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Topic: What's In a Selfie?
Replies: 20   Last Post: Mar 16, 2014 10:42 PM

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Jerry P. Becker

Posts: 16,576
Registered: 12/3/04
What's In a Selfie?
Posted: Mar 7, 2014 11:59 AM
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From My Island View [Educational, Disconnected Utterances], Tuesday,
March 4, 2014. See
What's In a Selfie?

By Tom Whitby

Well, if you watched the Academy Awards last week, you witnessed the
global impact that social media has in the world. Ellen DeGeneres was
able to take a picture of a group of actors that, in the first half
hour of it being posted, was re-tweeted 700,000 times, which
temporarily knocked Twitter off the Internet. It has now become the
number one tweet of all time. That is one example of the effect that
social media is continuing to have in countries around the world. We
should not lose sight of the fact that many, many people were
following the Oscar show hashtag to share the experience of the
program with others.

Many actors are using social media to connect with fans. The same
fans, which a generation ago resorted to fan mail to connect with
their idols, now have an opportunity to connect in real life through
social media. This is not an opportunity that is ignored by the
entertainment industry. TV fans are now being continually bombarded
with hashtags to follow shows. The news business is also asking
people to follow and exchange information through hashtags. This is
creating more interactive involvement with TV. Not since Gerald
McBoing-Boing, an animated character, had us draw with crayons on a
plastic sheet placed over a TV screen in the 50's, have we seen such
interaction. We traced lines placed on the magic screen one at a
time, until we had a bridge drawn for Gerald to cross and escape
danger. It was way ahead of its time. It was however interactive and
a definite attention-grabber.

What does any of this have to do with education? The idea that social
media gives us a platform to send out information and have people
interact with it, or just digest it, would seem to be an idea that
would be snapped up and embraced by educators. They are the very
people who make a living trying to get folks to get information and
interact with it, or just digest it. We shouldn't need a magical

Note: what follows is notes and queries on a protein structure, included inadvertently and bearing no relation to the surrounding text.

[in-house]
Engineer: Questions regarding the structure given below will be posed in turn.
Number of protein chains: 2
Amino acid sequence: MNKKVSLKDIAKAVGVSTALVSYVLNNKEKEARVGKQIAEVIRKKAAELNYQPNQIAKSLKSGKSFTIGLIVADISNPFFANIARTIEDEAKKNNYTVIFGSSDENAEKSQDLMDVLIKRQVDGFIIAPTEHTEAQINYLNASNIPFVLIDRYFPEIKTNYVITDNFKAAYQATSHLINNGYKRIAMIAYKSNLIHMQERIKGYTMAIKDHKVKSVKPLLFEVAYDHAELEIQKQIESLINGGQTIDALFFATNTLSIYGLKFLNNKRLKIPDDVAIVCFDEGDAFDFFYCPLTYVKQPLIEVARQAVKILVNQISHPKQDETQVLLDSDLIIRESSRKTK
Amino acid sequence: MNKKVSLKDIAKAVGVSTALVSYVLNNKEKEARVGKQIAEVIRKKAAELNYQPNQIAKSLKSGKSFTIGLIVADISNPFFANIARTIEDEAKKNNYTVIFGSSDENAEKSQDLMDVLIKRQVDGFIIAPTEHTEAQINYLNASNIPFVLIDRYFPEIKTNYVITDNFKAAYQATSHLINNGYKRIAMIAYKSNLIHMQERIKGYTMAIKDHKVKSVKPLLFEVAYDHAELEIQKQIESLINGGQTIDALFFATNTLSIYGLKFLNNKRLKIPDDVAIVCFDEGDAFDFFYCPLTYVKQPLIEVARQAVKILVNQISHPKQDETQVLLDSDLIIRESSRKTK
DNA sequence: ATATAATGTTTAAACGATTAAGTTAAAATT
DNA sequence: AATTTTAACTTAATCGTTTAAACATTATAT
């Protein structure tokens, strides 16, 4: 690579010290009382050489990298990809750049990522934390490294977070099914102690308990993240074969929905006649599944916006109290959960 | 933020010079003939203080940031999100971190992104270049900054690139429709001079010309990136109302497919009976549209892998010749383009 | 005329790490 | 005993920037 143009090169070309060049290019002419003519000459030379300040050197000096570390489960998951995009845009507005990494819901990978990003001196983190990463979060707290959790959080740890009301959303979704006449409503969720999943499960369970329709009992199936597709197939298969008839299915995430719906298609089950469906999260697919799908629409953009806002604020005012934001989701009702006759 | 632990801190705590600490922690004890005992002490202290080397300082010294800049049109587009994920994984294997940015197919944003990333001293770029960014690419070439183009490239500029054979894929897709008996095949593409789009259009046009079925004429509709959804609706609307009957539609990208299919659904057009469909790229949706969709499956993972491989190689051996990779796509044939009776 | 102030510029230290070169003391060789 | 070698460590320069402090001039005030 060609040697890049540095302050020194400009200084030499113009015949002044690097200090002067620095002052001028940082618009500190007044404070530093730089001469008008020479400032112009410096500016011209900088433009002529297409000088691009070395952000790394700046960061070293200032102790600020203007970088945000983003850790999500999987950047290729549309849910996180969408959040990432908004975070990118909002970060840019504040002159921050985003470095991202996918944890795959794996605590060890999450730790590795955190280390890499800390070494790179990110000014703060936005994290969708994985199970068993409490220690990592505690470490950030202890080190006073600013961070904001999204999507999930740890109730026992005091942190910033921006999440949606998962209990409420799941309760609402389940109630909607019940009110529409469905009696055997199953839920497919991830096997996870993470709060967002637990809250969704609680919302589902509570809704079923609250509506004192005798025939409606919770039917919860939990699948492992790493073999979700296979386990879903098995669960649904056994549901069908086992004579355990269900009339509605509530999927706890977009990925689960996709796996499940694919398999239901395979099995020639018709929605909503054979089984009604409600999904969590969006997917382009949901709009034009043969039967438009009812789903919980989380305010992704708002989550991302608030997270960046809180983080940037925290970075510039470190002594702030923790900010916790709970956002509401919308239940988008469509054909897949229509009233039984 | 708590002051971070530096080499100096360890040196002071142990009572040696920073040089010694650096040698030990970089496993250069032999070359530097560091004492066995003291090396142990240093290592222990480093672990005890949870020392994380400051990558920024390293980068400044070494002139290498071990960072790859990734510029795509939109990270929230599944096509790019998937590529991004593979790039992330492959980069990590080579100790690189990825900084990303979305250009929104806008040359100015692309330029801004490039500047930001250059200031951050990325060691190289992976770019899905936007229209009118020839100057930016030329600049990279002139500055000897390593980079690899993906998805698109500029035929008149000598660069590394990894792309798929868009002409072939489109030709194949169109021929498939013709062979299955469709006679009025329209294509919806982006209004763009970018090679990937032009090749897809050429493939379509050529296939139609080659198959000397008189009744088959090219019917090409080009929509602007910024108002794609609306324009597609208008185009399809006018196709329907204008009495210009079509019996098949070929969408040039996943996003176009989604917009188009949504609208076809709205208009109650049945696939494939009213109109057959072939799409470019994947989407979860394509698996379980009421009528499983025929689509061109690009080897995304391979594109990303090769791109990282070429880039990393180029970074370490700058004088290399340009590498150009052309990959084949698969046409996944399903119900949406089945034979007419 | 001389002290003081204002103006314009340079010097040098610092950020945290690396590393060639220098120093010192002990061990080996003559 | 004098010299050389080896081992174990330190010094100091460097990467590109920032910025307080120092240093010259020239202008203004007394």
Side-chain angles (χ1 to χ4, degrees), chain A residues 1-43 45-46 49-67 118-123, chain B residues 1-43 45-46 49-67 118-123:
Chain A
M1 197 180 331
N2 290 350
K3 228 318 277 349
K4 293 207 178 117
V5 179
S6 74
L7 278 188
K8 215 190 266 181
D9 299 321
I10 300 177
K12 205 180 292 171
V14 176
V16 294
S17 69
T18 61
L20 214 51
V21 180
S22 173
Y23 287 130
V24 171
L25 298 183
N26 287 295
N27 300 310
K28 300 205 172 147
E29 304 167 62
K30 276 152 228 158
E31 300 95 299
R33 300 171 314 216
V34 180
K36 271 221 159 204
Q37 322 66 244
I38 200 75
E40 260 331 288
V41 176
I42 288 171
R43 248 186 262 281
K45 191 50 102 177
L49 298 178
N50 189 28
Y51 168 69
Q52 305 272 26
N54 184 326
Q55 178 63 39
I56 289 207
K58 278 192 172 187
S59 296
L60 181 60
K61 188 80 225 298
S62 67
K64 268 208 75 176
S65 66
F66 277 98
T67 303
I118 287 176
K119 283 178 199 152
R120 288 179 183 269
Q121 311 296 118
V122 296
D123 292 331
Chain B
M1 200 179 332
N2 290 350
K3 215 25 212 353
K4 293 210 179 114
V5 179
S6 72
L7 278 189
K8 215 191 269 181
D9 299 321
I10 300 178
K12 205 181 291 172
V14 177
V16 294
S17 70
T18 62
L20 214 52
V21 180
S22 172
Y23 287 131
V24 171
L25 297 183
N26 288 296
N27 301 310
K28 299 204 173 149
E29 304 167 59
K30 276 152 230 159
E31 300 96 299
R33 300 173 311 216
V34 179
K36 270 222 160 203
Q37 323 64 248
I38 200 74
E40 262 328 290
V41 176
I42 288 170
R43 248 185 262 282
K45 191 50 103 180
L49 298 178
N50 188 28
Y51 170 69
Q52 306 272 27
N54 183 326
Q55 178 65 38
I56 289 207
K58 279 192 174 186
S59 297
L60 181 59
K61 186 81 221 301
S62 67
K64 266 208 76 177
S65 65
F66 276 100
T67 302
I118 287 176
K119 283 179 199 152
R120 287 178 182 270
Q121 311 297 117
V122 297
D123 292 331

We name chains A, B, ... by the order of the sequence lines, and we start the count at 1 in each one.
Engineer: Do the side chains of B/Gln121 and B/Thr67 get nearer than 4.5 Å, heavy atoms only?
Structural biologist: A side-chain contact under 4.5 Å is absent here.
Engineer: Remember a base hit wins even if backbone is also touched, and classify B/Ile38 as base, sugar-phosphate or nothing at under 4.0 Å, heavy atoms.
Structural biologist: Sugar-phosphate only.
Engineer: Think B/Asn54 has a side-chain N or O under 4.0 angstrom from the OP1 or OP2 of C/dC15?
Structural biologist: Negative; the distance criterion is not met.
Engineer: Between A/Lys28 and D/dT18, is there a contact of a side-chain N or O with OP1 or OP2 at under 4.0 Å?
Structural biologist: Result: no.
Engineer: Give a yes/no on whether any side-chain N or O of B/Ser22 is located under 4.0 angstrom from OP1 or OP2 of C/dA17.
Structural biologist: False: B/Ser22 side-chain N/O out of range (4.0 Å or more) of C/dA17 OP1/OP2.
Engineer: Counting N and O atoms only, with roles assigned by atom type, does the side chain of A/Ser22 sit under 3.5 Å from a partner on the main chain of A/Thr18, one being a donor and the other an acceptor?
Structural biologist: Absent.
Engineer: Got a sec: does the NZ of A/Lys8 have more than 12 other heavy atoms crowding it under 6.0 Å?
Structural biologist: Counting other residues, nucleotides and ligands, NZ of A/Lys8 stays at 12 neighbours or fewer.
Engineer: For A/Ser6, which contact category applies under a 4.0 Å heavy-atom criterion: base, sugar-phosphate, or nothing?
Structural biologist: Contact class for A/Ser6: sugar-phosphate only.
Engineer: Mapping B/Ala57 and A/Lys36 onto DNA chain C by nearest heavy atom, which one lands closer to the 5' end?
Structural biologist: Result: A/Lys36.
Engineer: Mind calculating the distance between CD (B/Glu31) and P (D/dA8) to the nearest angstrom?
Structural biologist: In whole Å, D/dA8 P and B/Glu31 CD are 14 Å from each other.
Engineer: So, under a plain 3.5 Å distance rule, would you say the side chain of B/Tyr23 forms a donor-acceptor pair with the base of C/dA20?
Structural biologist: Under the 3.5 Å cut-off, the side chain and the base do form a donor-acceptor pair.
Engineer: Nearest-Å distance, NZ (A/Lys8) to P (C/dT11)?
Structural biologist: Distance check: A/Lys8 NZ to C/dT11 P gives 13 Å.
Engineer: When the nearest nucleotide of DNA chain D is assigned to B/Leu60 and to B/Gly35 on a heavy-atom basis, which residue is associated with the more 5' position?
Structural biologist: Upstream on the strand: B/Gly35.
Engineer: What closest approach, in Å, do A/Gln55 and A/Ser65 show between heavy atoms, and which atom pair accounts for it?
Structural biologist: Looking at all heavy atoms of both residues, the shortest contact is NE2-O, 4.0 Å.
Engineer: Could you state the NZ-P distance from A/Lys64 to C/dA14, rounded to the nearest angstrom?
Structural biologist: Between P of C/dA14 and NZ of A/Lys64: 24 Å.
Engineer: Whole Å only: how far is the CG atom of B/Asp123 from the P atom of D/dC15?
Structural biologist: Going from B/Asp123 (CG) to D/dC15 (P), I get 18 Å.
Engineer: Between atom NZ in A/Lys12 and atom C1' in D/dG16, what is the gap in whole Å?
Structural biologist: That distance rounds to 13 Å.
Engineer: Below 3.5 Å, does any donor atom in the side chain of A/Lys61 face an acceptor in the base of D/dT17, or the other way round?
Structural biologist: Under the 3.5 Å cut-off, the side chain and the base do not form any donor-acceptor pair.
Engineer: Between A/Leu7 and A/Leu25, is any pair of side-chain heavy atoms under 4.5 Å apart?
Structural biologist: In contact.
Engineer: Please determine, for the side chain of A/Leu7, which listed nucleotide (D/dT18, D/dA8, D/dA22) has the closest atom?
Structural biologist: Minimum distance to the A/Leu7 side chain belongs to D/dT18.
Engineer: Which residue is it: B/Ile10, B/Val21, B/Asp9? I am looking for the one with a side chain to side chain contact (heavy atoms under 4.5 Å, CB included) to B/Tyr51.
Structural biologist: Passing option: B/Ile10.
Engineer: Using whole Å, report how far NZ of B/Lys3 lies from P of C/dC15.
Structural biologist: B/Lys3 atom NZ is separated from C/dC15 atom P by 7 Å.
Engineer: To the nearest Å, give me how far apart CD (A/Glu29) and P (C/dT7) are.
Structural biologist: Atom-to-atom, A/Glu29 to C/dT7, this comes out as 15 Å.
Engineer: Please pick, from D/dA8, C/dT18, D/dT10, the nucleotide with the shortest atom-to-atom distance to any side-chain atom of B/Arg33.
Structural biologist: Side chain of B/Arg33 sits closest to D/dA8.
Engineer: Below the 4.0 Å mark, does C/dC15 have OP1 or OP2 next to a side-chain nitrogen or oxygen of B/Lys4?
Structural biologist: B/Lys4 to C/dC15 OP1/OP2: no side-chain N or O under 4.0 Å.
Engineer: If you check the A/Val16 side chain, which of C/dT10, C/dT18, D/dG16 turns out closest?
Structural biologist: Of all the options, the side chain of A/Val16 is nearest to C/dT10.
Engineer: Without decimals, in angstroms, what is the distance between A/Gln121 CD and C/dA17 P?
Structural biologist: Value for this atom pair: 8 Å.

plastic screen to connect the lines in order to build a bridge for
educators to reach this idea.

Ellen DeGeneres's picture is small potatoes to what educators can put
out. Educators have access to real sources. In addition to pictures
they have: Websites, Documents, Blog posts, Videos, Podcasts,
webinars, articles, interviews, and maybe even some sensible
worksheets to share. To share with whom you may ask. To share with
each other, I would answer. Imagine if every teacher shared just one
of their best sources with other educators, who in turn could tweet
them out to the tune of 700,000 tweets in a half hour. Everyone would
benefit. The idea here is to get educators familiar with the concept
of connectedness and its possibilities, so that getting comfortable
with social media itself becomes less of an obstacle.

Social Media is here to stay. Its form may change, and certainly the
applications we use will not remain the same, but the idea of openly
exchanging information in whatever forms it is produced is not going
away. As educators we can use it or lose it. If we don't start to
understand and use this technology soon, we will lose the opportunity
to harness it, because we will be irrelevant. We don't need social
media to teach, as much as we need it to learn. It is a cornucopia of
information. We can tailor that information to personalize our
learning. This is the way of today's world. For the scholar, the
tomes are no longer stored in the monasteries, they reside on the
Internet, and collectively, if we all share that which we know, we
will all benefit. Collectively we are smarter than we are
individually. That is the basis of collaborative learning. It is no
longer a face-to-face endeavor limited in time and space. It happens
anywhere, and anytime through the use of technology. Technology is
the game-changer. As educated individuals, how can we ignore the

Becoming a connected educator requires the use of 21st Century
skills. This should not come as a surprise 14 years into that
Century. Educators need to be digitally literate. We do not need
educators who loudly proclaim to not get it when it comes to
computers. We would not tolerate an educator in the 19th and 20th
Centuries to loudly proclaim to not get it when it comes to reading
books. This Century requires a new literacy and there is less and
less room for illiterate educators to work alongside those who
constantly strive to remain relevant. To better educate our kids we
need to better educate their educators.

Maybe educators should do a Selfie with their class behind them in
the picture. These are the faces of kids that this educator leaves an
impression on each and every day. They are the educator's charges.
Are they the faces of kids who got from that teacher the best that
that teacher had to offer. Does what that teacher offered meet the
needs of what those kids will have to know in their world in order to
live, thrive, and compete? What's in a Selfie?
Jerry P. Becker
Dept. of Curriculum & Instruction
Southern Illinois University
625 Wham Drive
Mail Code 4610
Carbondale, IL 62901-4610
Phone: (618) 453-4241 [O]
(618) 457-8903 [H]
Fax: (618) 453-4244

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